1. 1. IJRET: International Journal of Research in Engineering and Technology eISSN: 2319-1163 | pISSN: 2321-7308 __________________________________________________________________________________________ Volume: 02 Issue: 11 | Nov-2013, Available @ http://www.ijret.org 147 DESIGNING TOWARDS A FIRE-RESISTANT NEIGHBORHOOD IN SURABAYA, INDONESIA Prananda Navitas Faculty, Department of Urban and Regional Planning, Sepuluh Nopember Institute of Technology, Surabaya, Indonesia, prananda.navitas@gmail.com Abstract The way the built environment is shaped greatly affects its performance in providing a container of activities for its users. Being the second largest city in Indonesia after Jakarta, Surabaya has very high population and building density. Though the city is not prone to any natural disasters, the current population and building density make it prone to man-made disasters such as flooding and urban fires. This study was built on the idea that good environmental design can lower urban fire vulnerability. Built environment components were identified using Lynch’s urban design criteria while Cai and Wang provided basic guidance to the redesign of the built environment with their Safety-based Urban Design idea. The outcome of this endeavor was an environmental design approach that applied psychological safety, behavioral safety, defense for safety and safety against disaster values into the built environment’s paths, edges, nodes, districts and landmarks. This paper concludes that good environmental design can improve resilience by intervening in all stages of a disaster or an emergency situation. It can support mitigation efforts thus increasing disaster preparedness. Environmental design can also make a difference in responding to an emergency situation. The most likely approach to improving resilience in urban areas is to acknowledge both anthropogenic and bio-physic aspects that make up the environment. Urban fire awareness must be raised as the physical environment is shaped one component at a time. Keywords: urban fire, vulnerability, environmental design, safety-based urban design ----------------------------------------------------------------------***------------------------------------------------------------------------ 1. INTRODUCTION Uncontrolled fire remains one of the major causes of death and property damage in today’s society [1, 2]. A fire outbreak in a densely built and densely populated urban area will easily propagate to adjacent buildings one after another. As is noted by Rosen, some of the well-known urban fires are the Chicago, Boston, and Baltimore fires that occurred in 1871, 1872, and 1904 respectively [3]. These occurrences are responsible for extensive damage on the urban environment and the cause of numerous fatalities [4]. Proper preparedness in the event of a fire therefore is essential to safeguard life and minimize property damage. Surabaya is not prone to any natural disasters. However, the structural processes that accelerate urbanization instead, expose the city to man-made disasters such as floods and fires. The Surabaya Fire Department (SFD) has recorded 4,460 cases between 1996 and 2011, causing 70 casualties, injuring 179 people, and a total of IDR 430,849,500,000.- (approx. USD 37,866,559.44) in property damage. Most of the fires that had occurred in Surabaya were caused by electrical malfunction. In an attempt to manage the urban fire phenomena, the SFD classified the 31 districts in Surabaya into five risk categories: very high risk, high risk, medium, low risk, and very low risk. In creating these categories, the SFD took the following factors into consideration: population density, building density, fire occurrence data, building/structural conditions, land use intensity, and water availability. The following map displays the geographical position of the 31 districts and the five risk categories: Source: Navitas, 2013 Fig- 1 Surabaya Fire Risk Map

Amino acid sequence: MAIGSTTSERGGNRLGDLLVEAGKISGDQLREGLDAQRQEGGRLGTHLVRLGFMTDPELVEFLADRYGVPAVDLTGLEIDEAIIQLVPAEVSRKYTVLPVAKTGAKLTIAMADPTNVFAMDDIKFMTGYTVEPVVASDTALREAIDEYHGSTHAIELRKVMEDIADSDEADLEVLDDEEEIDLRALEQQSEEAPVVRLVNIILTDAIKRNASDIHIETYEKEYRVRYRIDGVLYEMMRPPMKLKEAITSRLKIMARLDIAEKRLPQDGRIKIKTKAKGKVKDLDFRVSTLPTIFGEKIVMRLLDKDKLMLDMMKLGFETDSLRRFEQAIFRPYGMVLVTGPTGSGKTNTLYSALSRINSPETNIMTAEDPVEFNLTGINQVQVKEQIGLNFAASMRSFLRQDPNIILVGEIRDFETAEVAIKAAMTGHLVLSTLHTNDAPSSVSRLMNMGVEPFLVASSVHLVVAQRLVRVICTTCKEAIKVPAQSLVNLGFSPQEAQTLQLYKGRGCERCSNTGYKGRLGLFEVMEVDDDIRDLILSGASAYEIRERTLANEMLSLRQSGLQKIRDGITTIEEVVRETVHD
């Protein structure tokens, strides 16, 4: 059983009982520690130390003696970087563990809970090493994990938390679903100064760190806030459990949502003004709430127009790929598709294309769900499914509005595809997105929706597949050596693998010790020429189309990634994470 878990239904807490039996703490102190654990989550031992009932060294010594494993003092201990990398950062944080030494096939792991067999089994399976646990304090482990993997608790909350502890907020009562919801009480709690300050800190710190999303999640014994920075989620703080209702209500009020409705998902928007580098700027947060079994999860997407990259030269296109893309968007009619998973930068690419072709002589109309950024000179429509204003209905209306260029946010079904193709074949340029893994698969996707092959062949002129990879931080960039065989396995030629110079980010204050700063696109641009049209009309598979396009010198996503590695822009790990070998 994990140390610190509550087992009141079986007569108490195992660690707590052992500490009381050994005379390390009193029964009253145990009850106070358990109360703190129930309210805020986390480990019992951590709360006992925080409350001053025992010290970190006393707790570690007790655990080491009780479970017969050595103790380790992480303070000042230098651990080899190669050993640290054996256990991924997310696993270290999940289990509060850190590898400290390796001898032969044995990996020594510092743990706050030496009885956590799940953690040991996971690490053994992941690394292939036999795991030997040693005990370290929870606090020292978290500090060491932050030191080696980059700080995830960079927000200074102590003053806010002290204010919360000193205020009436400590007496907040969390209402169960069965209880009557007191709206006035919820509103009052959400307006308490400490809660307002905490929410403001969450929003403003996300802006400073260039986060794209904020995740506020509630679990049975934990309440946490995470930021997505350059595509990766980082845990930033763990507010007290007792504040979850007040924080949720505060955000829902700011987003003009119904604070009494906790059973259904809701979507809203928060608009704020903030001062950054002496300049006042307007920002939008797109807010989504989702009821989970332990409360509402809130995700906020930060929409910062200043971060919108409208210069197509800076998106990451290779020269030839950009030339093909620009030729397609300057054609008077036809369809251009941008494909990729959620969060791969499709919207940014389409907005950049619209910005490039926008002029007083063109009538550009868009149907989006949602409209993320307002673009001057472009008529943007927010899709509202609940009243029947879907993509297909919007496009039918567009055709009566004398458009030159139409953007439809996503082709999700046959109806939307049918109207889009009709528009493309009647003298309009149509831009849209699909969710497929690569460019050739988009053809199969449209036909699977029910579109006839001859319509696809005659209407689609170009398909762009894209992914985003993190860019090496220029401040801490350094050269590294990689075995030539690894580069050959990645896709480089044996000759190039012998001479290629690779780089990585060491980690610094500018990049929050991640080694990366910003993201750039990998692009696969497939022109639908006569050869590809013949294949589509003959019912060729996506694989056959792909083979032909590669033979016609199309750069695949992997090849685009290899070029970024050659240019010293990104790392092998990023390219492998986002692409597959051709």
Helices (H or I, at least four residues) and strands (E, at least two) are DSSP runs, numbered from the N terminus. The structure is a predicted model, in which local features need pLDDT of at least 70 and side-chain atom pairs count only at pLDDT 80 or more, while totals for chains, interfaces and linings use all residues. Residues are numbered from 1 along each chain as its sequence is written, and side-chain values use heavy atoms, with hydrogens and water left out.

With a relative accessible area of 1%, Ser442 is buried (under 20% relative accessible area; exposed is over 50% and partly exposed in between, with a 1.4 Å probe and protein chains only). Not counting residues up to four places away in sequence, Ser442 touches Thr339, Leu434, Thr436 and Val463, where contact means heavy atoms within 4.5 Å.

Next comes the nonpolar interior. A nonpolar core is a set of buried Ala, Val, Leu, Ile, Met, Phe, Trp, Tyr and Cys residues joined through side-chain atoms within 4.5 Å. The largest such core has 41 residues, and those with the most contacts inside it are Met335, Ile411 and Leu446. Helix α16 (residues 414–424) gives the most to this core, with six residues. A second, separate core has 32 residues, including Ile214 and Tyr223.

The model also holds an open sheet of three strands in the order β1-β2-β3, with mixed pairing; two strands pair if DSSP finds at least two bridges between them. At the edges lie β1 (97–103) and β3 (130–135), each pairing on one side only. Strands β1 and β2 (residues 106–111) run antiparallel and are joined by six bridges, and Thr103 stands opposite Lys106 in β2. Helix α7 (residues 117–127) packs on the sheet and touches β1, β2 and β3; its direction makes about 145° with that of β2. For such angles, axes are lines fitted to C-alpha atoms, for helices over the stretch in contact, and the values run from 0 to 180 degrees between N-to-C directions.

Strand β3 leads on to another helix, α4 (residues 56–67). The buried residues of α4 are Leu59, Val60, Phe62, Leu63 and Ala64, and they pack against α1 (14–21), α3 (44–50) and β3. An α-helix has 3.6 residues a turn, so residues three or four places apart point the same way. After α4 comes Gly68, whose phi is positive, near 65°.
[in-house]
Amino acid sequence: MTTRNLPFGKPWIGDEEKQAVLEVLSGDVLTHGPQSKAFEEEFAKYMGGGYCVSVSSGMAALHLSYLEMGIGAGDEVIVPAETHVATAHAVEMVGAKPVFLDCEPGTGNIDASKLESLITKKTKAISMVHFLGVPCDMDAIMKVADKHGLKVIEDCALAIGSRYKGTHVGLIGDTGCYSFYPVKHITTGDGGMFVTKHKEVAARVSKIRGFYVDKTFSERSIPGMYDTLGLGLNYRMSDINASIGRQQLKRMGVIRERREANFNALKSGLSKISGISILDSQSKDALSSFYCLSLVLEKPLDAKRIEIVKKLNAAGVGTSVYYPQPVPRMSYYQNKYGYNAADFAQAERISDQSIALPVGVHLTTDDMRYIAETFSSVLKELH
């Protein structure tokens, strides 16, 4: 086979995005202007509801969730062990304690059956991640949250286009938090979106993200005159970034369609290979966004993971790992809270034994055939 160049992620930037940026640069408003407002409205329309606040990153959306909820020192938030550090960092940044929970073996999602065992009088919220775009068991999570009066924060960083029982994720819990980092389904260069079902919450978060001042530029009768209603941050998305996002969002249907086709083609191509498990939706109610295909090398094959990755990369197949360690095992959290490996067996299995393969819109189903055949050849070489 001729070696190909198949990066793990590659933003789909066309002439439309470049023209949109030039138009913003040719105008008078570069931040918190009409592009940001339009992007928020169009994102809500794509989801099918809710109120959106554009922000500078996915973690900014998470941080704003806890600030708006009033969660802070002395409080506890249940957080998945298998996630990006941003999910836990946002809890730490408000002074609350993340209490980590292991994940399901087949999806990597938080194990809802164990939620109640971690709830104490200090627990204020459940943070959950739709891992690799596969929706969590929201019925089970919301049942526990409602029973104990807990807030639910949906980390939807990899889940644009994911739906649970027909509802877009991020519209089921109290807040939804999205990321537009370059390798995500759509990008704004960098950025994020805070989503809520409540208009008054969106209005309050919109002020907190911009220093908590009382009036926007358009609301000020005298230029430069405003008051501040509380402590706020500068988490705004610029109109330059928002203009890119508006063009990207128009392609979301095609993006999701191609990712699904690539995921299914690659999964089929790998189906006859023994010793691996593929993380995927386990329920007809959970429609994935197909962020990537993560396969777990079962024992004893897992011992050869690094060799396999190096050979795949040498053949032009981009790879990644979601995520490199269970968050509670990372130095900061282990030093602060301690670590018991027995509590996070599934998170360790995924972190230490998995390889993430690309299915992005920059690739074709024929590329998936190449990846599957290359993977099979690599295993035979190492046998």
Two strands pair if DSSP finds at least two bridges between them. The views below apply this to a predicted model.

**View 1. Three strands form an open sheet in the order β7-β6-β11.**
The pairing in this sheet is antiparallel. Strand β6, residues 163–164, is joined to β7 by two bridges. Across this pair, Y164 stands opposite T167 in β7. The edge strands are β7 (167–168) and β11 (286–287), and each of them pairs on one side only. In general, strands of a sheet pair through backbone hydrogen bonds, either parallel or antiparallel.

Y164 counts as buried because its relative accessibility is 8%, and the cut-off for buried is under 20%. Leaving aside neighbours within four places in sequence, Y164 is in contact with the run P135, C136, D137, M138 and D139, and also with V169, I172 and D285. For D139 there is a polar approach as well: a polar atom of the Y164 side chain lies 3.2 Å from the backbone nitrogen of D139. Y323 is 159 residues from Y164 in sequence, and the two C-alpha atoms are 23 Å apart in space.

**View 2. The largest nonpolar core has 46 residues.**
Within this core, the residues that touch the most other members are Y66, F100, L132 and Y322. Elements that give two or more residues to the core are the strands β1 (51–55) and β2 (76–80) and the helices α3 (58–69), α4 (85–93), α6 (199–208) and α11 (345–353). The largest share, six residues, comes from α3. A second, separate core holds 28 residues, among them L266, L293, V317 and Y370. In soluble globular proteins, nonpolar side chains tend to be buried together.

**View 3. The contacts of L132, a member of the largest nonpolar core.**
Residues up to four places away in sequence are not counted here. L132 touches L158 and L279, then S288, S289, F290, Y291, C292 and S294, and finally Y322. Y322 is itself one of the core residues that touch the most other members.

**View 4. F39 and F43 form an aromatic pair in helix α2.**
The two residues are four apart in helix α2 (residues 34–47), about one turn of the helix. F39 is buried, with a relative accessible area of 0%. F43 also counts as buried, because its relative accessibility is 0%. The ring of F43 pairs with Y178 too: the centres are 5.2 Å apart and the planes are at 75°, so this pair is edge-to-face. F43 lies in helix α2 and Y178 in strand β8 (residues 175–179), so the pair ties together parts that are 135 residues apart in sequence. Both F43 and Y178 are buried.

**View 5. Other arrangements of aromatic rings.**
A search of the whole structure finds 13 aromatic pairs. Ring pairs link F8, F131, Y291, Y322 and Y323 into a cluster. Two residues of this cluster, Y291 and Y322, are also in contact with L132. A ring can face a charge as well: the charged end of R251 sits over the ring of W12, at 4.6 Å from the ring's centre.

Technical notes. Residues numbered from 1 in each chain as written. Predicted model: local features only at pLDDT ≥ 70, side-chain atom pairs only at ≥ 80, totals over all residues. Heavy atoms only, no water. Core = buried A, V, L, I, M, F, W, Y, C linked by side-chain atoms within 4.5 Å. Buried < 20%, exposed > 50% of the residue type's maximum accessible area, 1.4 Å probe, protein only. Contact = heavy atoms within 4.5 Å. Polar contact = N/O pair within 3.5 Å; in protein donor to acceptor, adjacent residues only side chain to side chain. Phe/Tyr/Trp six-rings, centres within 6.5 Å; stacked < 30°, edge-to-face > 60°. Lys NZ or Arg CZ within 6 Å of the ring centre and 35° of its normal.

2. 2. IJRET: International Journal of Research in Engineering and Technology eISSN: 2319-1163 | pISSN: 2321-7308 __________________________________________________________________________________________ Volume: 02 Issue: 11 | Nov-2013, Available @ http://www.ijret.org 148 As Fig- 1 shows, most parts of Surabaya fall into the very low risk to medium risk categories. The western part of Surabaya is mostly very low risk since population and building density there are still low. Medium risk areas are concentrated around the eastern part of Surabaya. There are only three districts that fall into the very high risk category: Sawahan, Simokerto, and Tambaksari. The SFD ranked Sawahan as the district with the highest population density (78.9), building density (89.63), and building condition (55.52) indexes compared to other districts in the greater sub-division (South Surabaya) but scored only 64.29 (fire occurrence index), and has an average water availability index (52.94). Simokerto, on the other hand, has the highest population and building densities in the whole city (scoring 100.00 on both indexes) but comes second on the building condition (39.54), and water availability (27.78) indexes, and third in fire occurrences (40.48). Of the three districts, Tambaksari has the lowest population density (60.72), the highest building condition score (100), and the highest fire occurrence (71.43). It also has the second highest land proportion index (97.71) compared to the other two districts in the very high risk category. Table- 1 2011 Fire Occurrence per District District Sub-district Occurrence Type/Cause of fire Sawahan Banyu Urip 1 Residential fire Dukuh Kupang 1 Gas stove Kupang Krajan 2 Residential fire Pakis 5 Open fire Public building Vehicular fire Petemon 3 Residential fire Putat Gede 1 Open fire Simokerto Simokerto 2 Public building Residential fire Simolawan g 2 Residential fire Tambakrejo 4 Public building Residential fire Tambaksari Gading 2 Open fire Industrial fire Kapas Madya Baru 1 Residential fire Pacar Keling 3 Public building Residential fire Pacar Kembang 2 Public building Ploso 4 Residential fire Public building Open fire Rangkah 2 Residential fire Source: adapted from SFD records, 2012 The table above indicates that the sub-districts of Pakis, Tambakrejo, and Ploso experienced the highest frequency of occurrence compared to other districts that occupy the very high risk category. 1.1 Disaster Management and Environmental Design Disaster Management or Emergency Management is understood as a set of inter-connected activities to reduce risk and describing post-disaster strategies towards recovery [5-8]. The approach includes strategies and activities during the following stages of a disaster or an emergency situation: 1. Pre-disaster (mitigation and disaster preparedness): though disaster mitigation and disaster preparedness may seem very similar. Mitigation relates to activities or measures in avoiding a disaster, or minimizing the damage it causes. Preparedness on the other hand, contains all activities and measures in case a disaster strikes; 2. During a disaster (response): the activities carried out during response are related to measures taken during the course of a disaster, or directly after it strikes, aimed at reducing casualties and prevent further damages; 3. Post disaster (recovery): once a disaster has seized to occur, efforts to repair the damages and restore the environment to its pre-disaster state can take place. This stage is also known as the bounce back stage. The activities contained in the three stages mentioned above are inter-connected to form a cycle because experiences from each stage become input to prepare for future disasters. Documented response experiences will provide valuable input for better mitigation and preparedness which in turn will result in better response.